John Strathy's company, Idea Entity, hopes to capitalize on its 8(a) federal certification as a small, disadvantaged business to sell online training software to the federal government. "We're currently a subcontractor but we hope to get more government contracts or become a prime contractor," says Strathy, the company's chief financial officer.
In order to do that, the $6 million, 50-employee business, based in Bellevue, Wash., is adding an advisory board member who has connections with federal agencies and prime government contractors. The company worries that its distance from the capital puts it out of sight and out of mind. "We need someone who has federal contracting contacts and experience, ideally someone in Washington. That's where all the action is," Strathy says.
The U.S. government is the world's largest single purchaser of goods and services, spending more than $500 billion annually. An additional $275 billion is set to be spent on contracts, grants, and loans stemming from the 2009 recovery bill; $112 billion had been paid out as of early this month, according to Recovery.gov, which tracks stimulus spending.
Yet 40 percent of 1,100 small business owners surveyed recently by SCORE said they had no idea how to apply for federal contracts. The same percentage said they did not know if the federal government purchases the products or services they sell.
five-year plan and website overhaul
The complex contracting process takes time and money that many small business owners are reluctant to risk, particularly in an uncertain economy. Small business owners who answered a recent American Express (AXP) survey devoted to government contracting reported that they spent an estimated $86,000 in time and money during 2009 just seeking contracts. Federal contracts accounted for 38 percent of their revenues, the survey says, and they reported median sales ranging from $1 million to $4.9 million.
Last year, Turnersville (N.J.)-based CDM Electronics broke its annual sales record, bringing in revenues of $16.8 million, despite funding cuts in the F-22 fighter jet program with which CDM was involved. "When most of the industry was down and we had to make up the loss of the F-22, we were up 15 percent," says Carmen J. DeLeo, general manager of the 61-employee, light manufacturer that sells electronic connectors, cables, and high-end manufacturing components.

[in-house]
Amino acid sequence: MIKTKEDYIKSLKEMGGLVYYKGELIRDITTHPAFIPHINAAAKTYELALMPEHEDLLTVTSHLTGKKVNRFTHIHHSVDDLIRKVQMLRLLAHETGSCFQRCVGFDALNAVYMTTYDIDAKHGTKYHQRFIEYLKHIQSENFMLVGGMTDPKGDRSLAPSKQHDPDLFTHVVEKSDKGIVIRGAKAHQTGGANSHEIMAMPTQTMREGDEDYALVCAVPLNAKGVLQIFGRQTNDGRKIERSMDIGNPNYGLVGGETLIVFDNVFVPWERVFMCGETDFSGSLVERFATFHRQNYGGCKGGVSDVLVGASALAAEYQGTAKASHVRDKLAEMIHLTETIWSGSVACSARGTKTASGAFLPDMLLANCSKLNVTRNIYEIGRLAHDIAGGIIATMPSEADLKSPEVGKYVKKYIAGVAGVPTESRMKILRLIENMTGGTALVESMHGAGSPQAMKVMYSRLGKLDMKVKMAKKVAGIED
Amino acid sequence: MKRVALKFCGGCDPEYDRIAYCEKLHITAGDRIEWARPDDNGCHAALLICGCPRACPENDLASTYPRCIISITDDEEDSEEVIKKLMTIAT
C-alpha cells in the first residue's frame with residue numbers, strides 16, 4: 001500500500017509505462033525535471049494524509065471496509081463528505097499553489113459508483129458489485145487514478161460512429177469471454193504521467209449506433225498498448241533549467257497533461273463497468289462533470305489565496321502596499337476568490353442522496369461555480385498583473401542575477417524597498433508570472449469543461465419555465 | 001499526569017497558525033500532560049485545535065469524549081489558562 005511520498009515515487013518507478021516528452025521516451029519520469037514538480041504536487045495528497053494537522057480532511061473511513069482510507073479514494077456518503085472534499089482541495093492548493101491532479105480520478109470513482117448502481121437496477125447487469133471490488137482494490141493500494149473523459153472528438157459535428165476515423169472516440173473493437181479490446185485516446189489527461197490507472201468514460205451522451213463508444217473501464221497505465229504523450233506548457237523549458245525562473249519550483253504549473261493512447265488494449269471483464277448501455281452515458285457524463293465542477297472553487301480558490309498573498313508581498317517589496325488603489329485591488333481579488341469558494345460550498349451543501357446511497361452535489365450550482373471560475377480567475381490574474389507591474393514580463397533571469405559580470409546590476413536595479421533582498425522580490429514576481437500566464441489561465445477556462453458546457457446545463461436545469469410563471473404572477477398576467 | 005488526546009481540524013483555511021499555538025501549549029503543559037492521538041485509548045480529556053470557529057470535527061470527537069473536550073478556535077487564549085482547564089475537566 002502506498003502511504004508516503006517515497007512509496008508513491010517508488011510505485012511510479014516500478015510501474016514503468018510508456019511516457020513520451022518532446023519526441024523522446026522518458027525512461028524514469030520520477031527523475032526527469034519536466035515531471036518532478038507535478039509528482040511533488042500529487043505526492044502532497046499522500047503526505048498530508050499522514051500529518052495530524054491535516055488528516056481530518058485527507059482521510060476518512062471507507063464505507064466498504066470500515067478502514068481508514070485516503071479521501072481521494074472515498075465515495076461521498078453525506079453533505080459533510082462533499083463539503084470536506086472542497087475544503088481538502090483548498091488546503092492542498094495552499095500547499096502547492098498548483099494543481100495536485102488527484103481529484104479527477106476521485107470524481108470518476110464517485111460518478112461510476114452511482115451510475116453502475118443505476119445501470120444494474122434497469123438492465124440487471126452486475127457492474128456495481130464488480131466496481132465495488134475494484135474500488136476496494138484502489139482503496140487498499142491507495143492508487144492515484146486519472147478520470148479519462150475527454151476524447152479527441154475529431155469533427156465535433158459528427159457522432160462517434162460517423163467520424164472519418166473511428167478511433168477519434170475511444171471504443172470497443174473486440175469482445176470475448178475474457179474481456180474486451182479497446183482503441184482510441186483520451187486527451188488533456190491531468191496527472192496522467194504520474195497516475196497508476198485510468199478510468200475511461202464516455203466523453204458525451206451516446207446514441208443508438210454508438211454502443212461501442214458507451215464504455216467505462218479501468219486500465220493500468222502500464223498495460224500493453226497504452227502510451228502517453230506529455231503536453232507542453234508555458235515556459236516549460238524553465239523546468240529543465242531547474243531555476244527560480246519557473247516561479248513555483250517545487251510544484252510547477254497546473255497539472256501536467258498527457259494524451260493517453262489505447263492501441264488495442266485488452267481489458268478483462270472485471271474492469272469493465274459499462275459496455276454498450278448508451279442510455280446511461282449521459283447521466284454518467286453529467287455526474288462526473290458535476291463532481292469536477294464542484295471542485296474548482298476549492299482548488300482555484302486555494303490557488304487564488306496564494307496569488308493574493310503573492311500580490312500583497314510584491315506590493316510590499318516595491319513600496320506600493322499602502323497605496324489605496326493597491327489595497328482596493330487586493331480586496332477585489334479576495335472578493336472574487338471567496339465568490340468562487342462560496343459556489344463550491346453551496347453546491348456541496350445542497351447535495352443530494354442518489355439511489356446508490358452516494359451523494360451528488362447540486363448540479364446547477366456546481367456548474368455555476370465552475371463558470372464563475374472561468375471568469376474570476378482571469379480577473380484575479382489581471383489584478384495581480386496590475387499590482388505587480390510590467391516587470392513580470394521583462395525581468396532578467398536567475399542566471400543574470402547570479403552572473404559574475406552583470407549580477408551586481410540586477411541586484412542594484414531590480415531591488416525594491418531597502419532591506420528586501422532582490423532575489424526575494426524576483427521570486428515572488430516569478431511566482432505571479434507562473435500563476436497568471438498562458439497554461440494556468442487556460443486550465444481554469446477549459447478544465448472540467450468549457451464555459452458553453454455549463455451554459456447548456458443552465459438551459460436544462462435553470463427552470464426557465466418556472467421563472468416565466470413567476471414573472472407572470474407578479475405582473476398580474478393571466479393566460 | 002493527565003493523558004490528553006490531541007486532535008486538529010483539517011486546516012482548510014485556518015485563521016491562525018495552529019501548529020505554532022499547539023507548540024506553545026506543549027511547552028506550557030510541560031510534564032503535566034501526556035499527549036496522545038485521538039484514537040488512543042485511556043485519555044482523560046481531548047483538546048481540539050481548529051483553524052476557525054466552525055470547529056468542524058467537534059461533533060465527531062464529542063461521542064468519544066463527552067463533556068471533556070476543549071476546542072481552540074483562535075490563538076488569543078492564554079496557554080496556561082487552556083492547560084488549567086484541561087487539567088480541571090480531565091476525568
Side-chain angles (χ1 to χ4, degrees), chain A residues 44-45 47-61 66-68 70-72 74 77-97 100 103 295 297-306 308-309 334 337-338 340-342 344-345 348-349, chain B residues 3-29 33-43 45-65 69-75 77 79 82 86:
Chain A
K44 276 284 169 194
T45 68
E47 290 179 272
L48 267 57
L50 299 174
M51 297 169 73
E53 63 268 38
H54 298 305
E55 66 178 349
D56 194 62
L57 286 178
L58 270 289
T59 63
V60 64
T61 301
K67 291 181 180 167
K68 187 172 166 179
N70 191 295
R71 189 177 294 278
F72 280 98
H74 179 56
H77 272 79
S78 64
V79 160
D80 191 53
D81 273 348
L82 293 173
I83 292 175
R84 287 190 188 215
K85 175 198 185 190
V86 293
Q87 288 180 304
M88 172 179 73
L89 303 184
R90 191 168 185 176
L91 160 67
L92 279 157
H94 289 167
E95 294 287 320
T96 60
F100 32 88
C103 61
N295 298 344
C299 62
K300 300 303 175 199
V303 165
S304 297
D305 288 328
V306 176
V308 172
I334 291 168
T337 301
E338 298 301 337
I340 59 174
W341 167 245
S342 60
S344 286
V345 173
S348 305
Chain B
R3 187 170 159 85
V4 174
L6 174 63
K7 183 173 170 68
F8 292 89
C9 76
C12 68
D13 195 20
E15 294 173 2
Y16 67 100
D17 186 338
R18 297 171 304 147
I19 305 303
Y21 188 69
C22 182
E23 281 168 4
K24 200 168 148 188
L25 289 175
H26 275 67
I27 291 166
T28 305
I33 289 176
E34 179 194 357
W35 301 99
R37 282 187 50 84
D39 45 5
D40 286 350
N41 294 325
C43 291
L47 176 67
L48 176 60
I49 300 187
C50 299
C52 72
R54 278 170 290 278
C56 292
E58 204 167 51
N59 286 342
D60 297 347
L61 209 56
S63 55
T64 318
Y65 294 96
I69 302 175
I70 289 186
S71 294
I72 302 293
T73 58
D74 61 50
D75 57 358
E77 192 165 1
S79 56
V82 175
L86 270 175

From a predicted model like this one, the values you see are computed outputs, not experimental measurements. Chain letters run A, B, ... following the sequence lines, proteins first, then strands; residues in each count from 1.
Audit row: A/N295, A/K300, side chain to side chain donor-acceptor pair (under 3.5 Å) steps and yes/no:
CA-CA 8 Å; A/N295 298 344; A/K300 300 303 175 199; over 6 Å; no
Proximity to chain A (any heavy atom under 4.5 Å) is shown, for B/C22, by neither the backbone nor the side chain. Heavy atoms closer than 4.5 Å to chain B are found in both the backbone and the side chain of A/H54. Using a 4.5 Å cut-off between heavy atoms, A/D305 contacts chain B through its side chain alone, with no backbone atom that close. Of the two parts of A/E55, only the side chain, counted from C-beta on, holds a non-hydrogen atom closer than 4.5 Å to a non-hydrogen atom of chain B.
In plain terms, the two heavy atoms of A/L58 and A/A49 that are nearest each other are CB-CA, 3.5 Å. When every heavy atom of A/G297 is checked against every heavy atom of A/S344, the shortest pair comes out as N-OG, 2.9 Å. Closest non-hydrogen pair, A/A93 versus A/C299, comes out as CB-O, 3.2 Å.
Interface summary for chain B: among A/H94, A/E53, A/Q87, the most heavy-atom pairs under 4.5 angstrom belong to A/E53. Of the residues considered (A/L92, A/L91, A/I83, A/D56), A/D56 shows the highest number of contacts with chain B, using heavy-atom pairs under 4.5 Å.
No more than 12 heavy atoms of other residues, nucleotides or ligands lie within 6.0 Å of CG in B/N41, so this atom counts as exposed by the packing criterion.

DeLeo credits CDM's success to a five-year plan to double revenue and to an overhaul of the company's website. Despite his own background in computer programming before he joined the family company, CDM maintained a brochure-style website that displayed little more than its name, contact information, and an "about us" page. "It was the equivalent of a Yellow Pages ad," DeLeo says.
He realized that with prime defense and aerospace contractors such as Raytheon (RTN) under pressure to cull their "preferred vendor" lists, CDM's website was serving it poorly, positioning the company as a mere regional player.
CDM's site now bespeaks procurement
Over about six months, CDM's engineers worked with consultants from ThomasNet to set up a detailed, searchable, and easily navigable online product catalog. Putting thousands of product specifications, drawings, and photos on its site gave the company instant credibility and boosted its once-lagging search engine rankings, DeLeo says.
"Engineers and highly technical procurement officers speak their own kind of language. With our new site, we have a psychological advantage because—before we even speak to them—our site communicates that we know what they're looking for and we can supply it," he says.
The company is on track to do $20 million in revenues this year, about 60 percent of it from government subcontracts. Although CDM is one of the smaller suppliers in the electronic connections niche, it was one of only three to post revenue growth last year, DeLeo says. The company also received Northrop Grumman's (NOC) Supplier Excellence and World Class Supplier Award. "It was our proudest year since my father founded this company in 1993," he says.
There are several resources that small business owners can tap to help them crack the contracting code. The Give Me 5 program is intended to help female business owners qualify for the 5 percent federal contracting set-aside for businesses owned by women (currently some female-owned companies receive 3.4 percent of federal contract dollars).The U.S.Women's Chamber of Commerce and the National Association of Small Business Contractors co-sponsor regional events that introduce small business suppliers to government procurement officers and prime contractors in their area.